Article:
MS Dhoni 4th Indian batsman to score 13000 runs in List A cricket

first_img India Today Web Desk HyderabadMarch 4, 2019UPDATED: March 4, 2019 00:22 IST MS Dhoni has amassed 13,054 runs in 412 List A matches at an average of 50.79. (AP Photo)HIGHLIGHTSMS Dhoni scored a fifty in the first ODI to reach the milestoneDhoni and Jadhav struck a massive partnership to take India to 6-wicket win over Australia in 1st ODIDhoni is also the leading six-hitter for India in ODIsMahendra Singh Dhoni joined an elite list in the first one-day international against Australia on Saturday as he became only the fourth Indain batsman to score over 13000 runs in List A cricket. With a fifty in the first ODI, Dhoni amassed 13,054 runs in 412 List A matches at an average of 50.79.With over 13,000 runs, the former Indian captain has now joined an elite club, which comprises of Sachin Tendulkar, Sourav Ganguly and Rahul Dravid.Dhoni achieved the milestone during the first One-Day International (ODI) against Australia when he scored a gritty half-century to power India to a six-wicket victory.Former England star Graham Gooch is at the top of the list with 22,211 runs in List A cricket.Apart from this, Dhoni’s unbeaten 141-run partnership with Kedar Jadhav is the second highest fifth-wicket stand by India against Australia at home. This was also the second best partnership for any wicket at the Rajiv Gandhi Stadium here.The highest stand was put up by Shaun Marsh and Shane Watson of Australia when they produced a 145-run opening partnership in 2009.During the first ODI, Dhoni also became the leading six-hitter in ODIs for India toppling Rohit Sharma en route. Dhoni hit his 216th six on Saturday to achieve the milestone.The milestone six came for Dhoni off Nathan Coulter-Nile as the former captain tonked the quick over long on, courtesy the strong bottom-hand grip of his.While Dhoni leads the list with 216 sixes, Rohit Sharma is a close second with 215. Third on the list is Tendulkar with 195 sixes to his name while Ganguly (189), Yuvraj Singh (153) and Sehwag (131) complete the top six.advertisementAlso Read | When you have MS Dhoni at the other hand, you just have to listen to him: Kedar JadhavFor sports news, updates, live scores and cricket fixtures, log on to Like us on Facebook or follow us on Twitter for Sports news, scores and updates.Get real-time alerts and all the news on your phone with the all-new India Today app. Download from Post your comment Do You Like This Story? Awesome! Now share the story Too bad. Tell us what you didn’t like in the comments Tags :Follow MS DhoniFollow List A cricketFollow India vs Australia MS Dhoni 4th Indian batsman to score 13000 runs in List A cricketMS Dhoni joined Sachin Tendulkar, Sourav Ganguly and Rahul Dravid in an elite list of Indian batsmen to have scored over 13000 runs in List A cricket.advertisementlast_img read more

Why Storm Christine wasnt actually called Storm Christine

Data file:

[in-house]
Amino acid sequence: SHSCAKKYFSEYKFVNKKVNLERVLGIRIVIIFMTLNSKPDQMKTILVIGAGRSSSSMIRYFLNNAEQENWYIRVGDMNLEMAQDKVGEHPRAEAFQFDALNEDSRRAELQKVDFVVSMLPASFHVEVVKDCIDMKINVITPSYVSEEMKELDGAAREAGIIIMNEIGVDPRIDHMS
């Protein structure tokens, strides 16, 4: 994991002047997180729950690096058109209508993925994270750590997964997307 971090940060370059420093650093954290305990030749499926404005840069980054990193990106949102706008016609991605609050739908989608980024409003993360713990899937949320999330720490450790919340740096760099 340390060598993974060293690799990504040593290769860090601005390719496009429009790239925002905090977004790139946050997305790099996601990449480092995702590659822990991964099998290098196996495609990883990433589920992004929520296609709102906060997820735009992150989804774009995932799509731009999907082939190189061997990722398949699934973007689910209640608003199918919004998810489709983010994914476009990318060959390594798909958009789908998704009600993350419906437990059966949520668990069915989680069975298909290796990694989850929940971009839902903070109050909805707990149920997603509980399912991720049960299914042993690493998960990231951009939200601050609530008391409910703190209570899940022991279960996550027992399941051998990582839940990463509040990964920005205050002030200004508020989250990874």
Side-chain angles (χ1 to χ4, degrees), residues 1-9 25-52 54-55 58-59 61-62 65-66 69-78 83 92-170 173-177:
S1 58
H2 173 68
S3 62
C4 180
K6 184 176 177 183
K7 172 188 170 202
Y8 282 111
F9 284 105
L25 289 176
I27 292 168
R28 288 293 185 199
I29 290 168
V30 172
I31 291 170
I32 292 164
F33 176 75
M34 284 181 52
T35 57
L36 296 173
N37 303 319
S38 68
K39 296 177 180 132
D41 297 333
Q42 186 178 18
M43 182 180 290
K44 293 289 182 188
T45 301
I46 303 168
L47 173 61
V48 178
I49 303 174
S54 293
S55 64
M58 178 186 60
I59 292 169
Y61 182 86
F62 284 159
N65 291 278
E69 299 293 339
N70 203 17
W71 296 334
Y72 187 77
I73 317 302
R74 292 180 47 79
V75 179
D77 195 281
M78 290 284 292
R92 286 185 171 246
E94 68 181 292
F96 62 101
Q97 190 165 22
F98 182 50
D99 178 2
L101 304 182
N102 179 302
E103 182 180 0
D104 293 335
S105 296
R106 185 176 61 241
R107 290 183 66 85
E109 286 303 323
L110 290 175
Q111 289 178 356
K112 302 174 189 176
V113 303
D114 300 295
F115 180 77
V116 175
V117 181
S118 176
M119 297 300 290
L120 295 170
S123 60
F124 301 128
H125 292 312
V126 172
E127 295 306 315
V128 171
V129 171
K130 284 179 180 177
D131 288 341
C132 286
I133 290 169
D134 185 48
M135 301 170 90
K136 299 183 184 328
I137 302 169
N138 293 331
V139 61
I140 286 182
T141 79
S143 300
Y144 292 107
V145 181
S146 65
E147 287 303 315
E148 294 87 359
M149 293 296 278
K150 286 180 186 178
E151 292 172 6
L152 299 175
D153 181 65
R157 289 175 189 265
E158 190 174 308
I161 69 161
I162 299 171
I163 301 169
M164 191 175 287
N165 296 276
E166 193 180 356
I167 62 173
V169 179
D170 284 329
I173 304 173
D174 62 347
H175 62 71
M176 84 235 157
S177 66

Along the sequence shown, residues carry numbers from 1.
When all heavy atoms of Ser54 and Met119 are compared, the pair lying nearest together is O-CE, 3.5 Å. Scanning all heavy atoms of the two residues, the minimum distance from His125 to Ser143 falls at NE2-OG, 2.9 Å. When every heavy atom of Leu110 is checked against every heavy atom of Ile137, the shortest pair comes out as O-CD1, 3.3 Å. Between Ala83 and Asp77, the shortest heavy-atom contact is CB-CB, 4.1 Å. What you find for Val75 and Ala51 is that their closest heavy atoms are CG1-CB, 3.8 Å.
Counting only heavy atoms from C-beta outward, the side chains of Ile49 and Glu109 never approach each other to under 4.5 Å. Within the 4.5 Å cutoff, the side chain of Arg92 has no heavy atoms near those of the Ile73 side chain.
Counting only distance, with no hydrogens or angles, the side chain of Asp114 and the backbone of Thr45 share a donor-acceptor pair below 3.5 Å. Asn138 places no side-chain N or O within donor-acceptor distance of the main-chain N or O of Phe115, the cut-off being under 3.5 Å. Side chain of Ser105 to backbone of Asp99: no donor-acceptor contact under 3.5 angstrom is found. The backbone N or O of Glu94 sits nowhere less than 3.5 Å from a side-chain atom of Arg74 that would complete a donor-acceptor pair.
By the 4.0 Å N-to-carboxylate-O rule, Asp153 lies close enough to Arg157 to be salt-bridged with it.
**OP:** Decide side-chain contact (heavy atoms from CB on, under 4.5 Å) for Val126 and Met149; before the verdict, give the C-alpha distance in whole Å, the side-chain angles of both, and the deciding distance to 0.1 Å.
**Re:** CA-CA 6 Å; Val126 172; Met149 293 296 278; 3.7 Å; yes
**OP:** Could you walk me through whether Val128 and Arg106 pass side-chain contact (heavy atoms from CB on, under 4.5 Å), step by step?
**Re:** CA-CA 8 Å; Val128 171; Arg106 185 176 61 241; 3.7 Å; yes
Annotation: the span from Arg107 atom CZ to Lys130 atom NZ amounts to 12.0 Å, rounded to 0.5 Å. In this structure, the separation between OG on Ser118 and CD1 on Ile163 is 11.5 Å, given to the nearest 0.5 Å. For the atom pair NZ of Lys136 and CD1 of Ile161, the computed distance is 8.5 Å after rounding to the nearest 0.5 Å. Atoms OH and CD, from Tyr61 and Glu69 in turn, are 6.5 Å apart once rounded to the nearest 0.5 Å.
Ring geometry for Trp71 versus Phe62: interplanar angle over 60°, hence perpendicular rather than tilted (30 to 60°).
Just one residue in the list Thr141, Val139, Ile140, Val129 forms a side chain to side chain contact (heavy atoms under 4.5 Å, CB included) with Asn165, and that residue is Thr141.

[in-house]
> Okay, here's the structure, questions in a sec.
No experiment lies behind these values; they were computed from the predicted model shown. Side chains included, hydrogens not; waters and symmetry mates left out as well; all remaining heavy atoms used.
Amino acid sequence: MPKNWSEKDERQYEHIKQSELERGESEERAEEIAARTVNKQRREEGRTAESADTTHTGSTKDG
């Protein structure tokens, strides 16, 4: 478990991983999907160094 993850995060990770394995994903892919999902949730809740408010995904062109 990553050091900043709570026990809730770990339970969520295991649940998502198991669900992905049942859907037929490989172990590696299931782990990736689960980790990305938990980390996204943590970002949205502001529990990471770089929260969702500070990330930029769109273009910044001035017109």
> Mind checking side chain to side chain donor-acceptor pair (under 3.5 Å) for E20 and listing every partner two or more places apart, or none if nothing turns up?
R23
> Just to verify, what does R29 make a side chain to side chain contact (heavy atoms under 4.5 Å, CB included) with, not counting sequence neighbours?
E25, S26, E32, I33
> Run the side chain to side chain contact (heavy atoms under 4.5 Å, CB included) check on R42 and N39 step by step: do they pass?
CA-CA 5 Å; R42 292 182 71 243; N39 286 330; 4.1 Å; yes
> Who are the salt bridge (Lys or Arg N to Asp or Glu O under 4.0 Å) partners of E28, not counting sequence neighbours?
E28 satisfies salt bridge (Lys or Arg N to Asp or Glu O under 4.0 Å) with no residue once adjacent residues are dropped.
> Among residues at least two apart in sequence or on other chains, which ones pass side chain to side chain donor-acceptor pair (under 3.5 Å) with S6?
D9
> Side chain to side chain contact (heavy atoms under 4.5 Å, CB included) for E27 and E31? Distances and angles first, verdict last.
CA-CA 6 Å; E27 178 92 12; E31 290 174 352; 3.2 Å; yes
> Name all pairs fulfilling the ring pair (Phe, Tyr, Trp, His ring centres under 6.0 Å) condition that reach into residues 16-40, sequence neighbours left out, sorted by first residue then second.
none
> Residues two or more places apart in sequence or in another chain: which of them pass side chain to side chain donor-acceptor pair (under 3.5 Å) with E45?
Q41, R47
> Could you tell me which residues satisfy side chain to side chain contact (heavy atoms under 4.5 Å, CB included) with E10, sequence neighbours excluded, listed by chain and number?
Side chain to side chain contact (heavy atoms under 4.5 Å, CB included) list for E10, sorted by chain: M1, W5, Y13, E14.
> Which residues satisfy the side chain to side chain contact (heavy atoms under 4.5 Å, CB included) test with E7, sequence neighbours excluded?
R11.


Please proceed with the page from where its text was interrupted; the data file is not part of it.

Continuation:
first_imgIT WAS IMPOSSIBLE to escape last weeks storms throughout Ireland. Not only because of the gale force winds crashing rain against your windows and the storm surges flooding the coasts.But also because, true to Irish form,  it dominated everyday conversations and talk in the media.Both #Christine and the twitter account Storm Christine trended in Ireland as the storm passed over.But the storm wasn’t called Christine, or anything else for that matter. Simply because Met Éireann doesn’t name storms, and never has in the 78 years since it was formed.“If we named every depression we’d go through the alphabet five times over ever year”, says Met Éireann forecaster Pat Clark.“The only people who officially give names to storms in the Atlantic are the National Hurricane Center in Miami,” he explains.In fact, the Hurricane Centre of the US National Weather Service  loves naming storms so much that they have the names ready six years in advance. The names are recycled every year and begin with the letters A to Z alternating between male and female names. A name is only removed form the list when it causes enough damage where it would be insensitive to repeat it.The reason for this is pretty clear explains Clark, with hurricanes that land in the US frequently far more destructive than Irish storms and as a result naming them can be a much easier way of warning people of their approach.Clark says that their counterparts in the UK don’t name storms either, something we can see from the repeated use #UKStorm hashtag last week, even after the fatal storm that hit England in last October when it gained popularity.“The only people in Europe that put names on their charts is the University of Berlin in Germany,” says Clark.These are not used universally in Europe though and storms are not centrally tracked by a European agency.“I remember seeing three lows on their chart recently and one of them was called Christine, so that’s probably where the name came from,” he adds.Not so, however, according to TV3 who say that the Storm Christine moniker came from their weatherman Deric Hartigan. Hartigan says he named the storm Christine because of its to proximity to Christmas and that seems to be how the name caught on.Coincidentally, western Australia was also hit by a Cyclone Christine on New Year’s Eve and is still cleaning up after the category three event.Large waves crash onto the road in the coastal village of Carnlough, Co. Antrim. (Pic: AP Photo/Peter Morrison)Red, orange, yellow alertsOne of the new innovations anybody paying attention will have noticed over the course of Ireland’s three recent storms was Met Éireann’s new colour coded warning system.“This is a European wide development explains,” says Clark. “It’s proven to be very useful and many people have commented on how its worked well. There are allowances for different regions in Europe but it does come from greater alignment of national weather agencies”.The coloured alerts are used for far more than just storms with the public warned of rain and temperatures using the alerts. This being the reason for differences across the regions, a red warning for hot temperatures in Ireland is quite different to a red warning for hot temperatures in Spain for example.“This maybe is a little bit of a problem with it, we have the red warning but there’s nothing beyond it,” says Clark.After the last few weeks, let’s hope we don’t need it.Battered: Your pictures of how the storm took its toll >Read: What’s the severe ‘red alert’ weather like where you are? >last_img read more